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Megaupload founder Kim Dotcom launches New Zealand political party

WELLINGTON -- Internet tycoon Kim Dotcom, who is battling extradition to the United States, launched his own political party in New Zealand on Thursday campaigning for a “free and fair” society.

The flamboyant German-born founder of the Megaupload file-sharing site claimed his Internet Party would “play an important role” in the general election scheduled for September.

“This is a movement for the freedom of the Internet and technology, for privacy and political reform,” said the 40-year-old, who is wanted in the United States to face online piracy charges.

U.S. prosecutors say his now-defunct Megaupload sites netted more than US$175 million in criminal proceeds and cost copyright-owners more than US$500 million by offering pirated copies of movies, TV shows and other content.

The entrepreneur, who denies any wrongdoing and is free on bail, said his party was for “people who haven't voted before, who have been disappointed by voting, or who don't like the political choices on offer.”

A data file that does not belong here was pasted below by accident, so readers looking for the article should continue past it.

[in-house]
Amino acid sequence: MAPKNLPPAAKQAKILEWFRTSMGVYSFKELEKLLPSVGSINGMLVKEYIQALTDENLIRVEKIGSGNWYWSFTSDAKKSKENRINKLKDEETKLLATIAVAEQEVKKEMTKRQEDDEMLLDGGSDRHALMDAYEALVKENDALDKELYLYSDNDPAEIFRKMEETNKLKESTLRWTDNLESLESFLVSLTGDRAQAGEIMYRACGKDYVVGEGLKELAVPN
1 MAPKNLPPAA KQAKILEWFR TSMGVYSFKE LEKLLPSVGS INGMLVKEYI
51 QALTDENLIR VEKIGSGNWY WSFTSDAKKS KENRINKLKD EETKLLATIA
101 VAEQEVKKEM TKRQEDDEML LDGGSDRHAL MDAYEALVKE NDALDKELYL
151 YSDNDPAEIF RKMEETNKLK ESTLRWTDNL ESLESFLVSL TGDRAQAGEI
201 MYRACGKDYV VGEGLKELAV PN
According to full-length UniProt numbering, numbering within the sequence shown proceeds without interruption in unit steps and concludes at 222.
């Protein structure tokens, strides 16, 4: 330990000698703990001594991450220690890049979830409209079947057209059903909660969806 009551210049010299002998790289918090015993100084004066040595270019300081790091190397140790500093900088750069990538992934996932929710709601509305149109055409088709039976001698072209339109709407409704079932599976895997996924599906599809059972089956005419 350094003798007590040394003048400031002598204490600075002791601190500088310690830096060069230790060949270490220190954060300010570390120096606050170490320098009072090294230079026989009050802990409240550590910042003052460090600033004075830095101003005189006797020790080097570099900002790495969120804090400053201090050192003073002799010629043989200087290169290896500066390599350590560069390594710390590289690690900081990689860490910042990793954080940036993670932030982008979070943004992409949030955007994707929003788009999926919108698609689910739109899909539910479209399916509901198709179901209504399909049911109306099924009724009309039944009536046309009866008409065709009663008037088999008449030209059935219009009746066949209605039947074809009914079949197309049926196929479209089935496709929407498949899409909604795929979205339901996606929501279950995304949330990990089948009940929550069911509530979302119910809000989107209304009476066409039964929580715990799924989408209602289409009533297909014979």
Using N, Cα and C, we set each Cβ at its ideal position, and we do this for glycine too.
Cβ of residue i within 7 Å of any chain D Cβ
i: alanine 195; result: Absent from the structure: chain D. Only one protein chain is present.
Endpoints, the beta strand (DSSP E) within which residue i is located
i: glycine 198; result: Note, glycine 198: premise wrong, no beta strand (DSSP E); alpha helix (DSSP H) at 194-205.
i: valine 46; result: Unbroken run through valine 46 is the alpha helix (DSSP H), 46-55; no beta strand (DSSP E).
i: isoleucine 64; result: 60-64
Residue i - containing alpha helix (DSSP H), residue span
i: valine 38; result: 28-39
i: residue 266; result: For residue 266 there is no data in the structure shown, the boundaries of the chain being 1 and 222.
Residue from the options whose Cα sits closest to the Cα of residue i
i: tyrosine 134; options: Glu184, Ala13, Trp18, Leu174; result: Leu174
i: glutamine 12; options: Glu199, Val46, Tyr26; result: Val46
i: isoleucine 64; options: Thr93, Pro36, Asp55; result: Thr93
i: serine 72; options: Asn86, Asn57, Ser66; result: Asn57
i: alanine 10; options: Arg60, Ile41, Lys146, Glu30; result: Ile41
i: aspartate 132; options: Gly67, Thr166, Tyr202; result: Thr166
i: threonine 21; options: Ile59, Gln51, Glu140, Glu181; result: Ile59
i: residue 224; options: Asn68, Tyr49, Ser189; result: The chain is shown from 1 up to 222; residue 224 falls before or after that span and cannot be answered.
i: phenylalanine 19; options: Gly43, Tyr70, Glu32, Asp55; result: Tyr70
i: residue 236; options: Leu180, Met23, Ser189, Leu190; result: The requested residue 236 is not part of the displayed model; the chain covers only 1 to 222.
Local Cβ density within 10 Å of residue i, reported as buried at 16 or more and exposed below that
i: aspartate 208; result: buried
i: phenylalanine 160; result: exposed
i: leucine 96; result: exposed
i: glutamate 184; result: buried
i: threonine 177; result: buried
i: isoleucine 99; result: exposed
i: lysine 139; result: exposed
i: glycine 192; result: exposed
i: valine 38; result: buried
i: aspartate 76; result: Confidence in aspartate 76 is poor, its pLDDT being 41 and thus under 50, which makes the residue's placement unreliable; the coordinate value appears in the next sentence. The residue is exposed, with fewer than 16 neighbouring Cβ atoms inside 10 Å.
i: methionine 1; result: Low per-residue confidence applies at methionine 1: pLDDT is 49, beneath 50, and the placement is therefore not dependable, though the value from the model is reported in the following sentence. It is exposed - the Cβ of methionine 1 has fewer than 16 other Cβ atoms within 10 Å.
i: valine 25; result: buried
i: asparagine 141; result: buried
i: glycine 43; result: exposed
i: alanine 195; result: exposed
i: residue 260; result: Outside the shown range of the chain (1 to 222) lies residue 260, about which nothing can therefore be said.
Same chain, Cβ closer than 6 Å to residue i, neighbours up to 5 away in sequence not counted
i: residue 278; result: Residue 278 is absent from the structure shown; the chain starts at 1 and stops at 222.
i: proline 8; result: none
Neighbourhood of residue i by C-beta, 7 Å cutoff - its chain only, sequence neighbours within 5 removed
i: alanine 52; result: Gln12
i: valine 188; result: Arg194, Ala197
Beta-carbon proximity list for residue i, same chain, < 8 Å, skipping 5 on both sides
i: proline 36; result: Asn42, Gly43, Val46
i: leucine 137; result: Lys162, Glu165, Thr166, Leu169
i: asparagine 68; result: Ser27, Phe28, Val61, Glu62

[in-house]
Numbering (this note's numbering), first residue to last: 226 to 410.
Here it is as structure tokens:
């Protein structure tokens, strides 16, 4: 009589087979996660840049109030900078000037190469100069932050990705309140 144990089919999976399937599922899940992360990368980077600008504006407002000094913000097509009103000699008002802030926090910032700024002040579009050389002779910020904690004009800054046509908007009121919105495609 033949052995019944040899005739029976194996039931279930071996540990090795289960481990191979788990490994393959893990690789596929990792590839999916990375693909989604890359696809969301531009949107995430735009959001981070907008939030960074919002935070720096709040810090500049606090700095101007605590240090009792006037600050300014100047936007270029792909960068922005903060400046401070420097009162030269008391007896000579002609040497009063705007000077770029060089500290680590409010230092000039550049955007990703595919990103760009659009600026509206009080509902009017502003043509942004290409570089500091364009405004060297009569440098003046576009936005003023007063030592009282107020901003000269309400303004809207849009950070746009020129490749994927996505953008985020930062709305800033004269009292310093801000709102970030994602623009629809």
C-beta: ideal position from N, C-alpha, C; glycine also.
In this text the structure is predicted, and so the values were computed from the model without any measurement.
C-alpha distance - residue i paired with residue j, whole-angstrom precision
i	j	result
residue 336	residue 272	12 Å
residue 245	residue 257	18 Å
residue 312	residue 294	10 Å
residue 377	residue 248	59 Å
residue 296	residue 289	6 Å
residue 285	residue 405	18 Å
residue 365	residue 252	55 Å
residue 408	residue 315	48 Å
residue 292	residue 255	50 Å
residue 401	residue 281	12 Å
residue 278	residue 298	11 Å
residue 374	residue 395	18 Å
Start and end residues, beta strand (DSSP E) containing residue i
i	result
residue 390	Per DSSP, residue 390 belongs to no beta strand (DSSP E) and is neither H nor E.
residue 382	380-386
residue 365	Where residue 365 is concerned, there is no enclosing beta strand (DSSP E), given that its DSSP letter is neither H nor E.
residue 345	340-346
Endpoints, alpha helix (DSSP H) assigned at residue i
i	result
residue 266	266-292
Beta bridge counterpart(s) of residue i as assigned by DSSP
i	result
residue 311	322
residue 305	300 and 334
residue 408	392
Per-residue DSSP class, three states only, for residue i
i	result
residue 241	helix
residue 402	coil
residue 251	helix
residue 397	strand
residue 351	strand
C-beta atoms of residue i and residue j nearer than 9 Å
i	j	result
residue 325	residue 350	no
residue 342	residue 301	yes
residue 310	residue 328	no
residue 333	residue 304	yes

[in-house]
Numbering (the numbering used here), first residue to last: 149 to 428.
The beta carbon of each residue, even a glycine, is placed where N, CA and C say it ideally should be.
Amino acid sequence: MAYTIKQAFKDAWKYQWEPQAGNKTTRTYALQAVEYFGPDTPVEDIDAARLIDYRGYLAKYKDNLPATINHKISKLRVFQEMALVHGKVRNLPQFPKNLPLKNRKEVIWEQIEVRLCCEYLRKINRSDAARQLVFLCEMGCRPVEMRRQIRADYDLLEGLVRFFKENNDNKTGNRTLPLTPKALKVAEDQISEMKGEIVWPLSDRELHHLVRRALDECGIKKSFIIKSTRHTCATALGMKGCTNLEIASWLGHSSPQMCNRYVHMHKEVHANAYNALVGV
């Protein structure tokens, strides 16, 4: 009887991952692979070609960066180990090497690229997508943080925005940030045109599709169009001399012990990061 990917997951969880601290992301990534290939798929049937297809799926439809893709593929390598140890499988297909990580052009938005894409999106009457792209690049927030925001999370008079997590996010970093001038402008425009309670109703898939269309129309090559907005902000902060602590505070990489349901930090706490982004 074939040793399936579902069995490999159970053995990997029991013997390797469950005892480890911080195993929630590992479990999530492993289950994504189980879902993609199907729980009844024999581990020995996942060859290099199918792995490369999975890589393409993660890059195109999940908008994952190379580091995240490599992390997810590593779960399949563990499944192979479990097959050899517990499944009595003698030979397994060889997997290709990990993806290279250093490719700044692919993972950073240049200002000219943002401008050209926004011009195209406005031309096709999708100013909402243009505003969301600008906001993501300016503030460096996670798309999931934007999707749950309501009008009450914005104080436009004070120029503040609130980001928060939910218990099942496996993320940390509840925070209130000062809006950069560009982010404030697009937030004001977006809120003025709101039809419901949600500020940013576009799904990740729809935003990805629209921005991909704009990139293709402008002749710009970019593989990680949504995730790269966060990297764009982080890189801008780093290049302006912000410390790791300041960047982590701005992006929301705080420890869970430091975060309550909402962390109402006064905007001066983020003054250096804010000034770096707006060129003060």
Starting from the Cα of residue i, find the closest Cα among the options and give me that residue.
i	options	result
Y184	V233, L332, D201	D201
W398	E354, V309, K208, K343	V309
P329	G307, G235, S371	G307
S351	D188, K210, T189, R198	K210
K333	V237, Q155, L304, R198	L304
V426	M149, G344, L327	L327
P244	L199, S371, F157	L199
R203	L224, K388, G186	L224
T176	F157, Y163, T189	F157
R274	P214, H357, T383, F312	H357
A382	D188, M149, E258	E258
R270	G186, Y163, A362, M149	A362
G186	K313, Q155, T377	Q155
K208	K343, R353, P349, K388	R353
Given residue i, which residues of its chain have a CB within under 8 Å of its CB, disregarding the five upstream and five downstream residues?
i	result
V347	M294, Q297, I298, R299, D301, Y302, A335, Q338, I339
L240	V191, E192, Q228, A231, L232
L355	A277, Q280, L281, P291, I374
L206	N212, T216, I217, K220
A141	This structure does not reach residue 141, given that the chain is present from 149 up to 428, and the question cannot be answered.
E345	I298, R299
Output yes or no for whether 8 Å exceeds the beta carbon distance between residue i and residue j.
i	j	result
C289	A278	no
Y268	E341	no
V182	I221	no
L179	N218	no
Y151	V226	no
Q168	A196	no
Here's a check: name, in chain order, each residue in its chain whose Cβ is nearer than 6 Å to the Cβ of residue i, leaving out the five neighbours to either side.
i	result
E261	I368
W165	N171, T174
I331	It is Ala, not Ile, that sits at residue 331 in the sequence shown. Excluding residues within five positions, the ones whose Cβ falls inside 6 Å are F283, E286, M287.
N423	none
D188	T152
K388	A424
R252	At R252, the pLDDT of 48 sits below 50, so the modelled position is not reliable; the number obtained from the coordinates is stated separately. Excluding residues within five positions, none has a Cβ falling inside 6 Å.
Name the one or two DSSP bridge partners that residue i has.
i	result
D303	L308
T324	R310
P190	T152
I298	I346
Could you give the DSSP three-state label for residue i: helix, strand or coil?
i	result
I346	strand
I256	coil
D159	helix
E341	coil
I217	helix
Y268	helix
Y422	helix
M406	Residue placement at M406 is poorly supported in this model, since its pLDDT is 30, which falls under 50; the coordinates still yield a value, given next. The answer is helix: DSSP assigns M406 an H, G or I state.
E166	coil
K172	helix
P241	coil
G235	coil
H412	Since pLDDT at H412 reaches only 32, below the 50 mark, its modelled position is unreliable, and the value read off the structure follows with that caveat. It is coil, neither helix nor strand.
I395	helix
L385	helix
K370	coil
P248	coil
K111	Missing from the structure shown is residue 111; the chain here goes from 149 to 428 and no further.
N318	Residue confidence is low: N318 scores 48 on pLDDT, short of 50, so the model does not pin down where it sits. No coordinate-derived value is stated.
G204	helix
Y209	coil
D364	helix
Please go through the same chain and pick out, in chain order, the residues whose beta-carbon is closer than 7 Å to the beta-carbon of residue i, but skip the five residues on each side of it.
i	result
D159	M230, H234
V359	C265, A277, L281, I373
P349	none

But the party launch had to compete with news coverage of revelations that Dotcom, who changed his name from Kim Schmitz, owned a signed copy of Adolf Hitler's autobiography “Mein Kampf” (My Struggle).

Dotcom denied claims it made him a Nazi sympathizer and said he owned other World War II memorabilia including a cigar holder that once belonged to Britain's Winston Churchill and a pen that belonged to Soviet leader Josef Stalin.

He linked publicity about the book to a “disgusting smear campaign” by New Zealand's ruling National Party.

Dotcom is a former computer hacker with a reputation for a colorful lifestyle. Police seized artworks and luxury cars, including a pink Cadillac, from his sprawling Auckland mansion when he was arrested in 2012.

Dotcom said his party was “a breath of fresh air, and a dose of common sense, for a tired and adversarial political system that has lost touch with modern New Zealand and the Internet generation.”

The party's guiding principles include “the delivery of faster, cheaper Internet to all New Zealanders, the creation of high-tech jobs, the protection of privacy and the safeguarding of New Zealand's independence,” Dotcom said.

But doubts have arisen over his initial plans to seek a way into parliament by aligning with an existing party, under New Zealand's proportional voting system.

His most likely ally, the one-seat Mana Party, issued a statement this week listing several reasons why a campaign arrangement was not likely.

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